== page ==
Students design space stethoscope for NASA
A team of students at Johns Hopkins' Whiting School of Engineering has designed a stethoscope for NASA that delivers accurate heart and body sounds to medics trying to assess astronauts' health on long missions in noisy spacecraft.
Space is serene because no air means no sound. But the inside of the average spacecraft—with its whirring fans, humming computers, and buzzing instruments—is about as raucous as a party filled with laughing, talking people.
"Imagine trying to get a clear stethoscope signal in an environment like that, where the ambient noise contaminates the faint heart signal. That is the problem we set out to solve," says recent graduate Elyse Edwards, who teamed up on the project with classmates Noah Dennis and Shin Shin Cheng.
The students worked under the guidance of James West, a research professor in Electrical and Computer Engineering and co-inventor of the electret microphone technology developed for telephones and used today in almost 90 percent of the more than 2 billion microphones produced each year.
Together, they devised a stethoscope that uses both electronic and mechanical strategies to help the device's internal microphone pick up sounds that are clear and discernible in the noisy spacecraft, even when the device is not placed perfectly correctly on the astronaut's body.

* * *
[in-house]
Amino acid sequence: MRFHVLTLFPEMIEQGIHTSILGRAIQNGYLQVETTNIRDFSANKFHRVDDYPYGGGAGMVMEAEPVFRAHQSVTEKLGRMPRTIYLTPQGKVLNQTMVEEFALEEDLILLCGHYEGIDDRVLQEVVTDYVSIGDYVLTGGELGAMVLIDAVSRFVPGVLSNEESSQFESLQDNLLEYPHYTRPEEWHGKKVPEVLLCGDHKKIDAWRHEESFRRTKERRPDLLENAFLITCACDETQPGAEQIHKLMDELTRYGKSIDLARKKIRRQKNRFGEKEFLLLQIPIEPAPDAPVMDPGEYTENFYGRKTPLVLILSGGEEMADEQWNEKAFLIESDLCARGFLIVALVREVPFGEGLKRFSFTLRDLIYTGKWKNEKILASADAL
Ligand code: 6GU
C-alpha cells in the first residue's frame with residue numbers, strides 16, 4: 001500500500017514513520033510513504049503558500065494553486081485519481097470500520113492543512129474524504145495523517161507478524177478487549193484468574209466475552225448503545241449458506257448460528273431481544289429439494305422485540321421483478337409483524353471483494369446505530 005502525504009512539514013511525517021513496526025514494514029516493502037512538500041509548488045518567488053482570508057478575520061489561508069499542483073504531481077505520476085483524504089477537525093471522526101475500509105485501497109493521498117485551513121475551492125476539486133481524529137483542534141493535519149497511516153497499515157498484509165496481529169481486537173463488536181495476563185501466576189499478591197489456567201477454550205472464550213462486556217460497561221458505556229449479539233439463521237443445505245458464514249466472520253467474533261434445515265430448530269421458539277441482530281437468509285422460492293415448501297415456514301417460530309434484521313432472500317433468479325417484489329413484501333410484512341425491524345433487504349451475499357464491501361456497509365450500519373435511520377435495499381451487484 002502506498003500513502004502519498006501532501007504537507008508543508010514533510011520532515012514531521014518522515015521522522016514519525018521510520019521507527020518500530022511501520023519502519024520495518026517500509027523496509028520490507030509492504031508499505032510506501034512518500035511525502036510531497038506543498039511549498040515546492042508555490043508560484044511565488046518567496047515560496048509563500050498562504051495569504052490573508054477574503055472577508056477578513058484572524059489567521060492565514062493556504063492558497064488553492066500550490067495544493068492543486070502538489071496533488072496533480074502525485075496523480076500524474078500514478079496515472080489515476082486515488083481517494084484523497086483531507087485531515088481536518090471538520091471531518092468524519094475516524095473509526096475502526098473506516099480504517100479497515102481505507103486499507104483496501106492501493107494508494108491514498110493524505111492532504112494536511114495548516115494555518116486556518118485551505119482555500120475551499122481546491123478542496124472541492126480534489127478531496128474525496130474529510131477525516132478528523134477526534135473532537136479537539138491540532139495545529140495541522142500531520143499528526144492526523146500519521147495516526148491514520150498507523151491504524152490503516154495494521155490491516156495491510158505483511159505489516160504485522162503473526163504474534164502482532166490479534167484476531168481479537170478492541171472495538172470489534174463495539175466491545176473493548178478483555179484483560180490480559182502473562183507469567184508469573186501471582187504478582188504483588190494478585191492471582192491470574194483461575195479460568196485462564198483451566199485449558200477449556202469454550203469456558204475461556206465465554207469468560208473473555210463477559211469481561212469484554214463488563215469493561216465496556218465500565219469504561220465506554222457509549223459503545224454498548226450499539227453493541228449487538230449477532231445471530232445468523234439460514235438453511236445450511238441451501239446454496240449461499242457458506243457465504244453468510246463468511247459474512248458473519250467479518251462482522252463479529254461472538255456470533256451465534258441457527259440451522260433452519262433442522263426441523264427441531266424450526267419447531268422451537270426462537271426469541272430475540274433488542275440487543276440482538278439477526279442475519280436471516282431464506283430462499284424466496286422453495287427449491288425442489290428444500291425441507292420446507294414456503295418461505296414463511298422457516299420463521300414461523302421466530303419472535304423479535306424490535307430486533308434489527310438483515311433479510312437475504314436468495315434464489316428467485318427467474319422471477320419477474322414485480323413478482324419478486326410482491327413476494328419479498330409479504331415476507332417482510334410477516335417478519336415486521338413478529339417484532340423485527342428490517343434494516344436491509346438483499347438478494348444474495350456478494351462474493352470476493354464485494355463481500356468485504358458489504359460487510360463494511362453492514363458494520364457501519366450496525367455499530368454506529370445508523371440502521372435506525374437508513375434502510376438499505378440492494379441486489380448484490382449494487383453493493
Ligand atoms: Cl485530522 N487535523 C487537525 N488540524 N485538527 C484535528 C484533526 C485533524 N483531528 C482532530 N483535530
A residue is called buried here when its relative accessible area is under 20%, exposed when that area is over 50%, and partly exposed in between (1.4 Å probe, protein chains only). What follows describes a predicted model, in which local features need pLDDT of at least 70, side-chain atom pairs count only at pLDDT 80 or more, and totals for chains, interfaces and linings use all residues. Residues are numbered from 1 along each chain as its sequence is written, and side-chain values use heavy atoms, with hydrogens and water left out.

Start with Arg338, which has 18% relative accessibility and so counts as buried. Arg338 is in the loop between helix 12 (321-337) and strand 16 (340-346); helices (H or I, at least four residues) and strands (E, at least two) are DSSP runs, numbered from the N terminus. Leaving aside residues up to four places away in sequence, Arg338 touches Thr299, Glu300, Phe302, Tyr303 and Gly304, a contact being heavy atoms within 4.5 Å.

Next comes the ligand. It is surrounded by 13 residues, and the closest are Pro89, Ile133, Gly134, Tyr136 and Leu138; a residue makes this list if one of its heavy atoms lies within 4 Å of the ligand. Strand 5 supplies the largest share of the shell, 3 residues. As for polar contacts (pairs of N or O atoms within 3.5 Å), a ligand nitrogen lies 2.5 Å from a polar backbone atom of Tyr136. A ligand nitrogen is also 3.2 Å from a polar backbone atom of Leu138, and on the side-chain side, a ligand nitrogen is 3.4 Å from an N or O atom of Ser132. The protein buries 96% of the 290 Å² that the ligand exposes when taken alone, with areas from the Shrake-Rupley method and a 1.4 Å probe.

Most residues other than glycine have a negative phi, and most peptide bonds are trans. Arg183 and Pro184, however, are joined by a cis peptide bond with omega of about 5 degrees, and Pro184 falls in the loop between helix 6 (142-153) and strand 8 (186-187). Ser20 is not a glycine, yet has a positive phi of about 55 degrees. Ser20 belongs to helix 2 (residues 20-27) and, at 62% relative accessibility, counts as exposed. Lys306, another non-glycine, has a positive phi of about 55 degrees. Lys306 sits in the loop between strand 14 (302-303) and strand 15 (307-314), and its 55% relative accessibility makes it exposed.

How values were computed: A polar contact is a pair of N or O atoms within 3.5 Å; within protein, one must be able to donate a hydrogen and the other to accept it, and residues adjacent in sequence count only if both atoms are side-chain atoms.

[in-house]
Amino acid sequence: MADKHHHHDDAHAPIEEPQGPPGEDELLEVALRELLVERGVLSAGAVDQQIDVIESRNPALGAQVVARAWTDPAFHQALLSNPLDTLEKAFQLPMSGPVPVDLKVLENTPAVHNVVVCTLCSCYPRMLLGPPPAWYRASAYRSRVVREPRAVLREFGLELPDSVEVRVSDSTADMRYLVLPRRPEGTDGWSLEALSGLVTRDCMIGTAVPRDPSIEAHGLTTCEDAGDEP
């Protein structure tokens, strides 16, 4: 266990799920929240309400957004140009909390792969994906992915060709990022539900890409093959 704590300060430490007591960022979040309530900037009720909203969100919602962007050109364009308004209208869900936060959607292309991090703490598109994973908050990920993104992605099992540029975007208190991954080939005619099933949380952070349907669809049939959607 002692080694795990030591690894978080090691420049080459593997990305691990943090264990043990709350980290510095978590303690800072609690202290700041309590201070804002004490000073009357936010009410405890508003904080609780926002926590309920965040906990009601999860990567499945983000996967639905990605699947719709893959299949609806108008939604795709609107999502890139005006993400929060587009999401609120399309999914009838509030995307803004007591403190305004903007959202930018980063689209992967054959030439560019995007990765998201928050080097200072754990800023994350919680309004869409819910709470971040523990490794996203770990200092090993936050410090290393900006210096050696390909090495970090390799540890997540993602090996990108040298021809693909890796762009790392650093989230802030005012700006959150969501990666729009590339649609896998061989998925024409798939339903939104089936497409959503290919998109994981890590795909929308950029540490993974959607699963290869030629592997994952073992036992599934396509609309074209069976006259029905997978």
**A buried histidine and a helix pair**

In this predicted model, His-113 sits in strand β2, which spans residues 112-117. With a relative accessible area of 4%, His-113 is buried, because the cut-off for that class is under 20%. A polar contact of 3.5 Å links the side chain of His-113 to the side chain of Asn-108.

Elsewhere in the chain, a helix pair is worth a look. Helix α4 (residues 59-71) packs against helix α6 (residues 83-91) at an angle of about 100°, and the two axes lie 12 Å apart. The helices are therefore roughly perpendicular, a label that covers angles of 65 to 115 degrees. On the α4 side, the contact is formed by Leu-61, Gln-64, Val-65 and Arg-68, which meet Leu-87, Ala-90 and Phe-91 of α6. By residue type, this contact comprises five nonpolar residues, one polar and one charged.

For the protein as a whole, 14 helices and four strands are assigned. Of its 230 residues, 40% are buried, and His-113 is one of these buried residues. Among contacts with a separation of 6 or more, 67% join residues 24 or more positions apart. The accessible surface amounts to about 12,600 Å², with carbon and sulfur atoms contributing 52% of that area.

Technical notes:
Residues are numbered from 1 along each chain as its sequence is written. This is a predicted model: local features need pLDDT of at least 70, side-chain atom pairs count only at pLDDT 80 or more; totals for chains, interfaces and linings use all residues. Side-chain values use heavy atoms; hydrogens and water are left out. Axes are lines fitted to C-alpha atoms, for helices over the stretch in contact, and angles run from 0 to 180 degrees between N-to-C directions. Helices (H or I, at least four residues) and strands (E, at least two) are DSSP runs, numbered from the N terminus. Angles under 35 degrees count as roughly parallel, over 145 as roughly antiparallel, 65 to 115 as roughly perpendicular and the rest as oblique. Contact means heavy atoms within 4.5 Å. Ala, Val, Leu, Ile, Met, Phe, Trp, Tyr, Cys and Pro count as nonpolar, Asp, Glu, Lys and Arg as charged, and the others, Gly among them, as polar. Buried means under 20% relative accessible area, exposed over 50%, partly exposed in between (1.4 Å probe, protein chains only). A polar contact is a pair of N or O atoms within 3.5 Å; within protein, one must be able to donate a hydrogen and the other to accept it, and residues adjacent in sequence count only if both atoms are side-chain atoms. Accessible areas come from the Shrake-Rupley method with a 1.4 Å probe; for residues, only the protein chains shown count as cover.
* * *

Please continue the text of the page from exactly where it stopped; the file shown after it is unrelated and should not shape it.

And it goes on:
"Considering that during long space missions there is a pretty good chance an actual doctor won't be on board, we thought it was important that the stethoscope did its job well, even when an amateur was the one using it," Dennis says.
The device also includes many other improvements, including low power consumption, rechargeable batteries, mechanical exclusion of ambient noise, and a suction cup so that it sticks firmly onto the patient's chest, Cheng says.
The project was developed during a two-semester senior design course offered by the Whiting School's Department of Mechanical Engineering in which teams of three or four undergraduates are each given a small budget to design and build a prototype requested by a sponsoring business or organization.
Though developed for NASA's use in outer space, this stethoscope could also be put to use on Earth—in combat situations, where ambient noise is abundant, and in developing countries, where medical care conditions are primitive.
West plans to use the device to record the heart and lung sounds of infants in developing countries as part of a project to develop a stethoscope that knows how to identify the typical wheezing and crackling breath sounds associated with common diseases. This would allow on-site medics to make preliminary automated diagnoses.